I just do, okay?
I know I’m not supposed to. And I like clothing! I do! I like that Fashion Week exists! I support its right to exist!
But last night I skipped out on the first night of Fashion Week, and God, it was glorious. I felt free, like a magnificent pterosaurs. I didn’t go to anything. Don’t worry, we have good coverage coming, it’s just coming from people who aren’t me. Instead, I went to the New York opening of Georgetown Cupcake. Gosh, it was nice. They gave out six cupcakes and a book full of cupcake recipes. And the book is also filled with heartwarming anecdotes about their parents and learning to follow their dreams!
You know where there are no heartwarming anecdotes about learning to follow your dreams? Fucking Fashion Week.
Actually, that’s not true. The first time you go to Fashion Week it’s pretty spectacular. I remember interning at my first job and wanting to go to fashion week. I wanted this very, very badly. I thought that I’d go to New York Fashion Week and somehow, on some noticeable level, I would be different (in much the same way, I remember staring at myself in the mirror after losing my virginity and being disappointed that I did not look visibly different).
I remember thinking that this was going to be the height of New York glamour, this “going to Fashion Week” thing. I don’t know what I thought was going to happen once I got there. Actually, I know exactly what I thought was going to happen. I thought that all the attendees were all going to sit there and talk to one another about how beautiful we were, and then someone would gently place a cupcake and a glass of champagne on our laps. On a tray. They’d have them on a tray, so they wouldn’t tip over or anything.
And then we’d laugh. Oh, how we’d laugh! And the models would behave approximately the way they did in Gia, just waving their arms and dancing on the runways.
And then the moment comes when you actually go to Fashion Week, and you enter the tents, you realize that no one is having any fun.
Instead, people are pointedly, deliberately not having fun while wearing very high heels. Here is what happens:
1) You check in. The process is much the same as it is in an airport, which is to say, thank God, they have computer devices that will print out your ticket now. You used to just wait in line. Forever. While PR girls occasionally accused you of misspelling your own name.
2) You will wait in another line to go into the show. The show will be running 45 minutes late. You will wait in this line for half and hour, watching people shifting back and forth nervously in their heels. No one will say anything.
3) In the rare event that people do say things, they’ll take the form of loudly broad-casted announcements about the speaker’s own importance. Did you know that the speaker is a close personal friend of Marc Jacobs? Okay, speaker. The lower profile the show, the more of these exciting bursts you’ll hear.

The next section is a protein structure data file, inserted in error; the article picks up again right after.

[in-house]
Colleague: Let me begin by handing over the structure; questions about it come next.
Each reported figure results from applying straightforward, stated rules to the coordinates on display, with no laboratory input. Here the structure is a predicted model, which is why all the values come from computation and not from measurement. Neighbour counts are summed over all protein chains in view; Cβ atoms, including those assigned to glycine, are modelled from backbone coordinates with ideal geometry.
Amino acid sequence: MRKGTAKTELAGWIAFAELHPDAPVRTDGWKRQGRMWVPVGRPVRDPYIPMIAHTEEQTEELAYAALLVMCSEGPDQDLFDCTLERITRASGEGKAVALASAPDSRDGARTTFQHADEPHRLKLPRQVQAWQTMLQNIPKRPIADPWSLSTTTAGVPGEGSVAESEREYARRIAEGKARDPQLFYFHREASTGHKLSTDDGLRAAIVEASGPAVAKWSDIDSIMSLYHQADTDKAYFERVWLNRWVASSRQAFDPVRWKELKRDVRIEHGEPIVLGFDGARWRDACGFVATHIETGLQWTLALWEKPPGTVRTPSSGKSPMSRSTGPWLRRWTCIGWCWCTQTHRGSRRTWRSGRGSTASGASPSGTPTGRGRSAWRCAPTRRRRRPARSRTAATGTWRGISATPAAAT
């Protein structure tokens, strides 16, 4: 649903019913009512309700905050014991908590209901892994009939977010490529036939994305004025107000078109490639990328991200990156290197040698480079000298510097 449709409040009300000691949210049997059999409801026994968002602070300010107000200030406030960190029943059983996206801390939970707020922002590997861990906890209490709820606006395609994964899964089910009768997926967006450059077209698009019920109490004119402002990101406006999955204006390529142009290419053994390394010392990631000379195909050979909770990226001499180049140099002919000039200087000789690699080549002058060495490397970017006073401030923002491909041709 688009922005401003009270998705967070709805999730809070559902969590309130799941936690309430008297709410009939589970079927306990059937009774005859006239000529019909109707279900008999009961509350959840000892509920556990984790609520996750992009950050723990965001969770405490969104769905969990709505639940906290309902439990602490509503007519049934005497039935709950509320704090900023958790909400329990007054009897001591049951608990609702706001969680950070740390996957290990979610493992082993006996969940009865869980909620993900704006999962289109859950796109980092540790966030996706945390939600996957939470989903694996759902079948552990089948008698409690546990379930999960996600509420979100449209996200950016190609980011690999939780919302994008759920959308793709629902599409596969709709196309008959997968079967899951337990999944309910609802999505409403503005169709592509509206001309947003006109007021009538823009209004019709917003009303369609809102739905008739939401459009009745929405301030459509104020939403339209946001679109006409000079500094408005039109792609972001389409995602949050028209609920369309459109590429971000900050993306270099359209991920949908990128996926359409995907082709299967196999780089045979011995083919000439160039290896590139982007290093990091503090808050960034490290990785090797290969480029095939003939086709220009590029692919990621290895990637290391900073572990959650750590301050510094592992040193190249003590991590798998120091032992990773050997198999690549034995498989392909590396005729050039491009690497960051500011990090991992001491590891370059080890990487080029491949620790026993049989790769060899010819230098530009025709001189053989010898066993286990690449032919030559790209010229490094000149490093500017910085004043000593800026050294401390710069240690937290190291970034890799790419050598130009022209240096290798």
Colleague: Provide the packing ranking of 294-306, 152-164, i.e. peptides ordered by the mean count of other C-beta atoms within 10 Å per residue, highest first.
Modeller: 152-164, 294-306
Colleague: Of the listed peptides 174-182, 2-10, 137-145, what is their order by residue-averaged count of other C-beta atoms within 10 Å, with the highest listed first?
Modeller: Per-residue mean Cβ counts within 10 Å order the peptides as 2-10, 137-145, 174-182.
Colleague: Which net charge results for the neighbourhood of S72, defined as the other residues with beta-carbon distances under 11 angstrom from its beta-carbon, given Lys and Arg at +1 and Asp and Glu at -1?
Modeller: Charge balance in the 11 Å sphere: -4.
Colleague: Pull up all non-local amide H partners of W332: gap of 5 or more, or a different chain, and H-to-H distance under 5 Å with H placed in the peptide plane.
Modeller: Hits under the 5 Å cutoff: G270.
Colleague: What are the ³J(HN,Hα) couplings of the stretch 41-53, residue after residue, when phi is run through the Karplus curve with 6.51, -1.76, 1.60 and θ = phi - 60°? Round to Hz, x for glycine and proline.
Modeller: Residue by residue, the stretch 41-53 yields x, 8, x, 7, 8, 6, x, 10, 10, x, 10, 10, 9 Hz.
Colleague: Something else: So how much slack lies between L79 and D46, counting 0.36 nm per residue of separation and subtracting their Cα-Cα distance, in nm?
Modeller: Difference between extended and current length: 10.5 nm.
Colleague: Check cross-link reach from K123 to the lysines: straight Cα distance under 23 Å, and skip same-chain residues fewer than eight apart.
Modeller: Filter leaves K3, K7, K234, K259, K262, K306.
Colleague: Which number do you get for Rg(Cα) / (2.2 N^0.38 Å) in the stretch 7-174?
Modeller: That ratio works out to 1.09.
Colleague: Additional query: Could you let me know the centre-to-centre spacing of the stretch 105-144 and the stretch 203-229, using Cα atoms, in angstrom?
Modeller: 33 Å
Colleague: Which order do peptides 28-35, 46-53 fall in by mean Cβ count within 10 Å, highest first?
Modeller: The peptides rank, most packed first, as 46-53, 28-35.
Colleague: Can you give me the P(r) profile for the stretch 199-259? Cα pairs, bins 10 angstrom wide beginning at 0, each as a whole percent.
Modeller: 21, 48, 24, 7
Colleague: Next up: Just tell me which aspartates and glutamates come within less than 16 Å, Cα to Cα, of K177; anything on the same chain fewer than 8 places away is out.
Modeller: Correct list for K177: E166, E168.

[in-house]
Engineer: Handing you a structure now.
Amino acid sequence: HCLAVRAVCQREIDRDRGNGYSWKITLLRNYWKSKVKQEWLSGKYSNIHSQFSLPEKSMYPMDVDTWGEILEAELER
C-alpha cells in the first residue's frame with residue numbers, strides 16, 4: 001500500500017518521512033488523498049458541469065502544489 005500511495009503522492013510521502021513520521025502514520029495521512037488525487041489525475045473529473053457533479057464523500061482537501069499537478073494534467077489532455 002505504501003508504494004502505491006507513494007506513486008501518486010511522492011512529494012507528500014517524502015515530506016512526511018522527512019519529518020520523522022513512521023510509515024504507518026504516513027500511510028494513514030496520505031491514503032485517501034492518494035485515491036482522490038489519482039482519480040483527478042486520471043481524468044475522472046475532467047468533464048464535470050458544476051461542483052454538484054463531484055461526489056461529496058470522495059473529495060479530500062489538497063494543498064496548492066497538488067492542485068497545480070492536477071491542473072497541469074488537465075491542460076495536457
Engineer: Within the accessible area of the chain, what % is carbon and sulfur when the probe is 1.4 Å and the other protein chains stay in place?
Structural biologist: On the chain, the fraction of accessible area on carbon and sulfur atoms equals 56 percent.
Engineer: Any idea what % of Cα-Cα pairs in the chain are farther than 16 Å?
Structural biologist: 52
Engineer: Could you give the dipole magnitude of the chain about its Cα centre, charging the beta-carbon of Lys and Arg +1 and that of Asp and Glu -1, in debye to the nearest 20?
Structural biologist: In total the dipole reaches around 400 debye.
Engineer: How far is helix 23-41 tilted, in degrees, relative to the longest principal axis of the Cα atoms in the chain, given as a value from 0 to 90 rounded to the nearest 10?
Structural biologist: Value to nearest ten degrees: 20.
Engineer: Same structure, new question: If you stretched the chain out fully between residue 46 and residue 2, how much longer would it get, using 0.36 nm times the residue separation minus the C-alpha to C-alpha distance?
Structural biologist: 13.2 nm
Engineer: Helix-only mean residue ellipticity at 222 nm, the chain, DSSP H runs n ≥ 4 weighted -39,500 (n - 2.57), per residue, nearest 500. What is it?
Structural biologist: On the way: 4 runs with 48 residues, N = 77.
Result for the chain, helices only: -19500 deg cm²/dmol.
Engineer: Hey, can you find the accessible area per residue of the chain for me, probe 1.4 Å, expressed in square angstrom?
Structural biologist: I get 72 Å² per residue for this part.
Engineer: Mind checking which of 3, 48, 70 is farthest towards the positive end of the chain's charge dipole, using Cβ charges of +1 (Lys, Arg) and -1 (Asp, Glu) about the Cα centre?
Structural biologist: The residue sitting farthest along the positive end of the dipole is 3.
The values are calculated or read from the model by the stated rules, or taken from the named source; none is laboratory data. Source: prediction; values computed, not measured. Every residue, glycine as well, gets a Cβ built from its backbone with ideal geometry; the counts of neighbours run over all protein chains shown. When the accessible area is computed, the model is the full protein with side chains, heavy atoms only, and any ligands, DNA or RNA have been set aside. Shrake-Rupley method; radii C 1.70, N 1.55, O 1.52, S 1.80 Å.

4) You will finally get to go in. Maybe you will get a seat. If not, you’ll stand in the back row. If you get a seat, you will sit there for 20 minutes waiting for the show to start. God willing there will be a goody bag you can root through. You should try to check e-mail on your phone frantically until you realize there are no bars inside Lincoln Center, which makes all kind of sense. That does not deter anyone from frantically trying to refresh their phones.
5) Actual show. Models walk. Look at how identical they all look.
6) Designer comes onstage. Clapping! Lots of clapping! We are all close personal friends of the designer!
7) It’s going to take 15 minutes to make your way out, because people will have formed in massive clusters around any famous person in attendance. Did you ever see Fantastic Voyage? Okay, imagine that and then imagine a blood clot. Like navigating your way through that.
8) If you haven’t seen Fantastic Voyage, you should. It will really give you something to think about in these situations.
Basically, it’s a two hour commitment for 15 minutes worth of entertainment. It’s all the fun of going to the airport if the point of going to the airport were to get on a plane, watch people walk up and down a runway for 15 minutes, and then leave.
Now, that’s not to say the clothes aren’t beautiful. The clothes are very beautiful. And it is very nice to be invited. But the waiting in line forever, DMV style with, let’s be honest, really awful people who I do not believe are actually Marc Jacobs’ friends is a nightmare.
It’s all well and good, and it’s an institution. But frankly? I’d really prefer just to go out and eat a cupcake.